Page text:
Economic forecast: Swiss economic growth significantly below average in 2023 and 2024
Bern, 20.09.2023 - Based on the strong first quarter, the expert group on business cycles is marginally upgrading its 2023 outlook for Switzerland's GDP adjusted for sporting events (1.3%, June forecast: 1.1%). However, growth estimates for next year have been revised downward (1.2%, June forecast: 1.5%). This would equate to significantly below-average growth for the Swiss economy in both 2023 and 2024.*
After a buoyant start to the year, Switzerland's economy stalled in the second quarter. Consumer spending was again strong, and the services sector saw growth across the board. In contrast, the industrial sector recorded a decline in both investments and value added. Current indicators do not signal a trend reversal in the months ahead.
On the whole, global economic growth in the second quarter was in line with expectations. It was a weak quarter for the euro zone, whereas the US economy continued its solid expansion. China's GDP grew as projected, though there are signs of a slowdown in the near future. For the euro zone, too, the coming quarters are likely to be weaker than earlier expected. All in all, the global economy is likely to take longer to recover from the challenges of the past few years than was assumed in the June forecast. Monetary policy will continue to dampen growth, as core inflation worldwide again proves more persistent than expected.
Nonetheless, the strong first quarter has led the expert group to improve its 2023 forecast for Switzerland's growth. GDP adjusted for sporting events is now expected to grow by 1.3% for the whole of 2023 (June forecast: 1.1%). This is assuming the Swiss economy will show weak growth for the second half of the year.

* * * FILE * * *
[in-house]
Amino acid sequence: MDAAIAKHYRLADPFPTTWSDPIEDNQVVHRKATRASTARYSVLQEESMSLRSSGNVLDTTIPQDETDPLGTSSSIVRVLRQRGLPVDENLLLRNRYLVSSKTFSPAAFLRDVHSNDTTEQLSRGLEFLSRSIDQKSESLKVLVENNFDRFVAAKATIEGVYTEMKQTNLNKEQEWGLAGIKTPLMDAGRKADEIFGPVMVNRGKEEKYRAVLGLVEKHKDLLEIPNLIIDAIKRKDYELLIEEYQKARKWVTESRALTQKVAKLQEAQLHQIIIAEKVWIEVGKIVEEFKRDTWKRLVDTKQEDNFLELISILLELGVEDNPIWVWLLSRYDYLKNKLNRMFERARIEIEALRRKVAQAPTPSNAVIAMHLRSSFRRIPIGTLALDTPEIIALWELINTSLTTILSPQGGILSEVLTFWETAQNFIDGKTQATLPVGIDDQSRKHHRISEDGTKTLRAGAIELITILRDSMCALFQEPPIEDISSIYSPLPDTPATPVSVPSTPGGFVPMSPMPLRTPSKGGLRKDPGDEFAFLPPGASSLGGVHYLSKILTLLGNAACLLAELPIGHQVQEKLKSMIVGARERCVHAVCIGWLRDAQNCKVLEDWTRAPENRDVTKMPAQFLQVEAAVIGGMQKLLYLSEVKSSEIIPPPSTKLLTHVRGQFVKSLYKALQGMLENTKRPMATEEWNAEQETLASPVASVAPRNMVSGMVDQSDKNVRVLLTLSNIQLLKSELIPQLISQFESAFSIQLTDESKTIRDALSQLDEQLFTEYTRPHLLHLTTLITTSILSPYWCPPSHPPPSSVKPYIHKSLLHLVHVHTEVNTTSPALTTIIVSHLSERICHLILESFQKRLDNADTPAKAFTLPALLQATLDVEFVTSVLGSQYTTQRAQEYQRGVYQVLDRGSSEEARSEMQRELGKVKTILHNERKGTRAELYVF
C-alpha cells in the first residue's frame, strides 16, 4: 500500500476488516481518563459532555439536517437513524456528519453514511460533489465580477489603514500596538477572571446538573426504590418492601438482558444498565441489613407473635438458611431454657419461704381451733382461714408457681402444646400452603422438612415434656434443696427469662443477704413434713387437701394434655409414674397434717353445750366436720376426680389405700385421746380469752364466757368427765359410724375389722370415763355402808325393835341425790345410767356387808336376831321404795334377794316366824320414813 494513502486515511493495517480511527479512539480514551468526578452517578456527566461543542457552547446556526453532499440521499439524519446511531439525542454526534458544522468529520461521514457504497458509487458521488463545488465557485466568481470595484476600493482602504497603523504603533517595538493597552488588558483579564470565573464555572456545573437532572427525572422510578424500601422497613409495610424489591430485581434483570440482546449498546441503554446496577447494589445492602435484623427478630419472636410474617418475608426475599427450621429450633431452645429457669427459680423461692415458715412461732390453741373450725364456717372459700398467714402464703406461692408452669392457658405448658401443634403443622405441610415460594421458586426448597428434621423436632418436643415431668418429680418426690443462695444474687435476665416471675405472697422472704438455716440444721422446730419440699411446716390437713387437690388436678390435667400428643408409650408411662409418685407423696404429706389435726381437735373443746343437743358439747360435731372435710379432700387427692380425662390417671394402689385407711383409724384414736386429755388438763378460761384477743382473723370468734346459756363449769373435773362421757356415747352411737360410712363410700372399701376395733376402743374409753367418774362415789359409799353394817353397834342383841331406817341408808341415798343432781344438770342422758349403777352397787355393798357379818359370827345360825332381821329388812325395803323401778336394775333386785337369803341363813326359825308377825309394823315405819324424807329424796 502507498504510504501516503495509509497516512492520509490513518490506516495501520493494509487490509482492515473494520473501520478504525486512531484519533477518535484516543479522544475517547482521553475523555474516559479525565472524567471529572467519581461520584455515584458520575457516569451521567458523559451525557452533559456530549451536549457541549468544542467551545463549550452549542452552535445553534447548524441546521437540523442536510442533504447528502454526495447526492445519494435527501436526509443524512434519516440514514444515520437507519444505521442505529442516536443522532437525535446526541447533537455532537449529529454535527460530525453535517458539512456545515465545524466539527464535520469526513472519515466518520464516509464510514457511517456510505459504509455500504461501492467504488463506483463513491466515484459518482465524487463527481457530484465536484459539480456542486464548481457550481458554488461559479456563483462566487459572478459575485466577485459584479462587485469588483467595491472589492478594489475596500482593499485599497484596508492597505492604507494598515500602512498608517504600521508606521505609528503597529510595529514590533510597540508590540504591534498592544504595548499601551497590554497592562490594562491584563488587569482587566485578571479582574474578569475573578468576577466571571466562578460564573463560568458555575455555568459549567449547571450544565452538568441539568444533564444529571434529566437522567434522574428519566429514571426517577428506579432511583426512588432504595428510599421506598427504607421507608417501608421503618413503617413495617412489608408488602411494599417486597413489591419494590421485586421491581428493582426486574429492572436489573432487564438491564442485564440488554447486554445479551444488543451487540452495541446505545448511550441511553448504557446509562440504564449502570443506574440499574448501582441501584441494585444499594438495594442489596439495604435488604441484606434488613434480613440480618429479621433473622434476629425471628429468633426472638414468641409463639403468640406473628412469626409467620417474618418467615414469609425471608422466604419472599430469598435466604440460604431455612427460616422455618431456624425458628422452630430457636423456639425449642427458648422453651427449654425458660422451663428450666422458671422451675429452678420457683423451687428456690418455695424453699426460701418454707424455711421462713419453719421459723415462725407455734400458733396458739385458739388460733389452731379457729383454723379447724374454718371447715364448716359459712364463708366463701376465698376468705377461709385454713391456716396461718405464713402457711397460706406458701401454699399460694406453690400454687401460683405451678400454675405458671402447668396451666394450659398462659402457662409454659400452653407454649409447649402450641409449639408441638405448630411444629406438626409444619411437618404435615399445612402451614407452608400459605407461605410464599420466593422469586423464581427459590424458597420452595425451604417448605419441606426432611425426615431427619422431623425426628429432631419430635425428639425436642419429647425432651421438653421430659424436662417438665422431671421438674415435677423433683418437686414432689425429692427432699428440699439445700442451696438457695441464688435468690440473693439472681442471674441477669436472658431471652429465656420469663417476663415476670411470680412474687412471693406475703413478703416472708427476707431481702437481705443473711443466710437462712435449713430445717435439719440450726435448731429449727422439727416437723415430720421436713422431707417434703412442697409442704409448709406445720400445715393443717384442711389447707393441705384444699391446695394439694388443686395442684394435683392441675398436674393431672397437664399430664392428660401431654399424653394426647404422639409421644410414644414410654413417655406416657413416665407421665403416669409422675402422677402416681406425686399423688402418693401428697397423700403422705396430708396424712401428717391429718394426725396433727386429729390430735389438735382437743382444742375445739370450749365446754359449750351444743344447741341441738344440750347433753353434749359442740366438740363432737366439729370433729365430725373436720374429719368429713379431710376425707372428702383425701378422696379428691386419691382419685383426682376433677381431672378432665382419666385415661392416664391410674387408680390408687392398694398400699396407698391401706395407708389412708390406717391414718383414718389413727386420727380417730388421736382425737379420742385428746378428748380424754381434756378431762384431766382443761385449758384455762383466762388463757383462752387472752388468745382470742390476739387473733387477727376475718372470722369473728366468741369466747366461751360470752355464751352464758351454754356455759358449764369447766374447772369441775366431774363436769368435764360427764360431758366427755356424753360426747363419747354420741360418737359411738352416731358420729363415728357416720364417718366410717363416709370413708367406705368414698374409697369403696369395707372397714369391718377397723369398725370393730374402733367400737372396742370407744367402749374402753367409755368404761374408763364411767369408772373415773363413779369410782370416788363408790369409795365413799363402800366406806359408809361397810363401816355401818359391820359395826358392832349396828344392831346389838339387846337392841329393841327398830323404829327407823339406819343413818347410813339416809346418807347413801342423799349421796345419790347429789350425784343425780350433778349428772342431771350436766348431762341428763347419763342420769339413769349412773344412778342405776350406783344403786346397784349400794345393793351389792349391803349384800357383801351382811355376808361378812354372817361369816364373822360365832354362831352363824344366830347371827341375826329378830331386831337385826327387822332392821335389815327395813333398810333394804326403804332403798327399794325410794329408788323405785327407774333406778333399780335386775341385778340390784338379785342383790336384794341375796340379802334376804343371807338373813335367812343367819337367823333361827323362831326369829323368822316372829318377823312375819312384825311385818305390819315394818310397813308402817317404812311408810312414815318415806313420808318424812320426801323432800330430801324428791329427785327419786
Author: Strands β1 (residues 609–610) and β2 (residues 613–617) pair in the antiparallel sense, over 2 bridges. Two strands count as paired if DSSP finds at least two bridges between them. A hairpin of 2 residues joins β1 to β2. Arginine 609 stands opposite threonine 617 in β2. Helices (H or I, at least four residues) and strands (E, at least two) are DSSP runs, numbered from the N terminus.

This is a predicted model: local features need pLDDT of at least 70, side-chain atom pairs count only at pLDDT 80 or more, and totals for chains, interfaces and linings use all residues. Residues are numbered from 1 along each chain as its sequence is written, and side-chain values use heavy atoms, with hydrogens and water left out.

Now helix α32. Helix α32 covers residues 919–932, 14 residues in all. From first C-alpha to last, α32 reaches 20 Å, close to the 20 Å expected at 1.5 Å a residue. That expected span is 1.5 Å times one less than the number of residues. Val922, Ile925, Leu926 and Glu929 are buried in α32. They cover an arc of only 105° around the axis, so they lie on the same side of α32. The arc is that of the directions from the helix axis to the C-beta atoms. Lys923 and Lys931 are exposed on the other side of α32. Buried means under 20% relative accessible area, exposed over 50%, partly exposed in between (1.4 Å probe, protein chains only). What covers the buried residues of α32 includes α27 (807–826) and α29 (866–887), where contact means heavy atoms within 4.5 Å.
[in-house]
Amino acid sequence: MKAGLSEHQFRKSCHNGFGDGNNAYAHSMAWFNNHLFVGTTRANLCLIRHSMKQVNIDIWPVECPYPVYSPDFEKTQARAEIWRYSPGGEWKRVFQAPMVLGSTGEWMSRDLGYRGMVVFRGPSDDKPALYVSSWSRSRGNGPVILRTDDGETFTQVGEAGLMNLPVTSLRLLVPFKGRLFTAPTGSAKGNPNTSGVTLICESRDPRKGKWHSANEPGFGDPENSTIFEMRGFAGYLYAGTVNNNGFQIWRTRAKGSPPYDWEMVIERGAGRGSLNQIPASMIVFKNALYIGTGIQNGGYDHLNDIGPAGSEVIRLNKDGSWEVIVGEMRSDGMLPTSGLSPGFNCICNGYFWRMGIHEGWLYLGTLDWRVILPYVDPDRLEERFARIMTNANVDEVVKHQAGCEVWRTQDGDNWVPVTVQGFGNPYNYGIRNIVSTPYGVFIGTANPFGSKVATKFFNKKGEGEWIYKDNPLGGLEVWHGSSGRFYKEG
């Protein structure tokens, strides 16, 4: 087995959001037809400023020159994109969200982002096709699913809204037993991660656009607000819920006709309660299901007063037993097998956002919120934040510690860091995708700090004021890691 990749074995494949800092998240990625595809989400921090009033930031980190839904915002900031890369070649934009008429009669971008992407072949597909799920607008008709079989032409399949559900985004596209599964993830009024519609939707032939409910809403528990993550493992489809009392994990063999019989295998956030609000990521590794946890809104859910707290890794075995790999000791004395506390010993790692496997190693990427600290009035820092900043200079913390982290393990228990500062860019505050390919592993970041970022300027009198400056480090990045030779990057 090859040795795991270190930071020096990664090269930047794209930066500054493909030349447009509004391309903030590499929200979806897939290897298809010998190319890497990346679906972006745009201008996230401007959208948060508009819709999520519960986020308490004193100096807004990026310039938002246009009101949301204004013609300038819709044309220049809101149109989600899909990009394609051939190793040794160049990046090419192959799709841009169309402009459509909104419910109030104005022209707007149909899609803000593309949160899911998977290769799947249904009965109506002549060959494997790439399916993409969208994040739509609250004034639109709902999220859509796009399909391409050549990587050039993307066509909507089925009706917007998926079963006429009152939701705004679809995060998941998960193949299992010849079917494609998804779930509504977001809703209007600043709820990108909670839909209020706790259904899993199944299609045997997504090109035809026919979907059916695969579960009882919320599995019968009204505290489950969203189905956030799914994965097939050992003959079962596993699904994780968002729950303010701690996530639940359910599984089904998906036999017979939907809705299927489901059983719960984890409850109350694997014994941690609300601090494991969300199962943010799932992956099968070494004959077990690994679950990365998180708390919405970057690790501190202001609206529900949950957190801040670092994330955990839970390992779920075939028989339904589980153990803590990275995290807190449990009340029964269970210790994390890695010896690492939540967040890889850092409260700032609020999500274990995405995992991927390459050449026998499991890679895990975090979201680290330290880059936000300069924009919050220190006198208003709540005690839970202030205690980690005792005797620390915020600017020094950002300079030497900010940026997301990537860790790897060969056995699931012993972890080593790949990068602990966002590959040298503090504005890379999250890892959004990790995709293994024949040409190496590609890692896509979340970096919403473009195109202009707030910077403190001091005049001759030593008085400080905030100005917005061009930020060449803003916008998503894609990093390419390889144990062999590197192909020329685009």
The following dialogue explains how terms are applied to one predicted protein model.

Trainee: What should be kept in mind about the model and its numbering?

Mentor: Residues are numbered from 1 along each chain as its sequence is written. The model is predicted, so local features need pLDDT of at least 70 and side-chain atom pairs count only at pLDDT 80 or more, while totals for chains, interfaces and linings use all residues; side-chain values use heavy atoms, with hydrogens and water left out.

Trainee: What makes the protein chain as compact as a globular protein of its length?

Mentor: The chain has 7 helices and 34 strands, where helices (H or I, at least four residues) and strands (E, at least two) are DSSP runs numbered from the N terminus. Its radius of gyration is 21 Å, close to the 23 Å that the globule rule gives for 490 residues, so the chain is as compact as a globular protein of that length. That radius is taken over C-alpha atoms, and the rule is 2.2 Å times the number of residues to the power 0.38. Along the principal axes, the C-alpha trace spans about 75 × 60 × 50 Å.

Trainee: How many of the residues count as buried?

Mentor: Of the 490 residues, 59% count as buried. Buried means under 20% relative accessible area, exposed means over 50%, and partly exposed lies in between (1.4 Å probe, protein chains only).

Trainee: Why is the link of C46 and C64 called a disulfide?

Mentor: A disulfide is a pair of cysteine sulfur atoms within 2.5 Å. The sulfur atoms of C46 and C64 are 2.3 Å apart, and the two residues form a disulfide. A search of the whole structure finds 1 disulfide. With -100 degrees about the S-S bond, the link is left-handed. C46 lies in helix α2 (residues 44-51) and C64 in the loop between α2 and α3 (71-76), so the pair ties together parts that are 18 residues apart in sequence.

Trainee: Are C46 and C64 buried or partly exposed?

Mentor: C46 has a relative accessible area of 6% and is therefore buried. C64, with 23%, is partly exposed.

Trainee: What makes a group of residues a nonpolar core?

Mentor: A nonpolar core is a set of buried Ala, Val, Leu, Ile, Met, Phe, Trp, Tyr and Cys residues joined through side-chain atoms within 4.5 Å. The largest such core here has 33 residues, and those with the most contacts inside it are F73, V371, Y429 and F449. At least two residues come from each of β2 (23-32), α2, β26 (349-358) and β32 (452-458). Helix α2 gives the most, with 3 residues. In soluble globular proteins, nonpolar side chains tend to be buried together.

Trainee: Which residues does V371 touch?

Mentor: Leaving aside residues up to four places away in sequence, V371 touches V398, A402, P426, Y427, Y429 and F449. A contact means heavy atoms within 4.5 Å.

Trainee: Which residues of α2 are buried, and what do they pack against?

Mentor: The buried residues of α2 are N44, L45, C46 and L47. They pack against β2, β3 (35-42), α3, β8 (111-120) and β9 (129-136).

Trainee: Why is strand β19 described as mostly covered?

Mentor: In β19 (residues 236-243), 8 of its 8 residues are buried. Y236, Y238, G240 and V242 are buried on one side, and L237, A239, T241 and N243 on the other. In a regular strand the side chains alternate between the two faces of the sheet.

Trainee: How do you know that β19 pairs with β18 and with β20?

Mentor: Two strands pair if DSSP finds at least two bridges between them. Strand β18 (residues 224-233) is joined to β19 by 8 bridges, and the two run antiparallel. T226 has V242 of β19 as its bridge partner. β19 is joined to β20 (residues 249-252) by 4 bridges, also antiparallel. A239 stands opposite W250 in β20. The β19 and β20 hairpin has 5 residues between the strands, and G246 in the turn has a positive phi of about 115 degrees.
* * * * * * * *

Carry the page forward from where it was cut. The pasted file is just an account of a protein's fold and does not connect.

Consumer spending is likely to provide some support, given the sound labour market situation and expectations of at least some employment growth. Moreover, inflation for the whole of 2023 has been revised down marginally to 2.2% (June forecast: 2.3%). On the other hand, the Swiss franc's recent strength coupled with subpar global demand will hurt goods exports, while declining capacity utilisation and rising interest rates will curb investment activity. The expert group is therefore anticipating weak growth in equipment investment and a decline in construction investment for 2023 as a whole.
Looking ahead, some recovery in global demand and thus in Swiss exports can be expected in 2024. Consumer demand will probably lose some momentum, however. For one thing, the economic slowdown is likely to have repercussions on the labour market. Unemployment – averaging 2.0% in 2023 – is projected to reach 2.3% in 2024. At the same time, inflation in 2024 has been revised up to 1.9% (June forecast: 1.5%).
Overall, the expert group expects 2024 GDP growth adjusted for sporting events to come in at 1.2% (June forecast: 1.5%). This would mean significantly below-average growth for two years, without however driving the Swiss economy into recession. As before, this forecast is based on the assumption that there will not be an energy shortage with widespread production losses in the winter of 2023/24.
The economic risks are substantial. Inflation could prove even more persistent internationally and necessitate a more restrictive monetary policy. This would further slow down global demand. Moreover, there could be an increase in existing risks associated with global debt, the risk of property and financial market corrections and the balance sheet risks of financial institutions. In addition, the transmission of monetary policy tightening to the real economy could also turn out to be stronger than currently assumed.
Developments in Germany and China pose increasing risks for the international economy and thereby also for Swiss foreign trade. Germany's industrial sector, for example, could weaken more significantly and hold back the exposed sectors of the Swiss economy more than expected. Also, China's economy could cool down faster than assumed in view of the crisis in the real estate sector, the high level of debt and the gloomy sentiment of companies and households.
Meanwhile, an energy shortage in winter 2023/24 remains a risk, despite the easing seen to date. If a severe energy shortage were to occur in Europe, with large-scale production losses and a significant downturn, a recession twinned with high price pressure could also be expected in Switzerland.
* Further information on the forecast by the federal government’s expert group on business cycles can be found in the attached 'Konjunkturprognose' section of the autumn 2023 economic forecasts report (available in German) and at http://www.seco.admin.ch/economic-forecasts.
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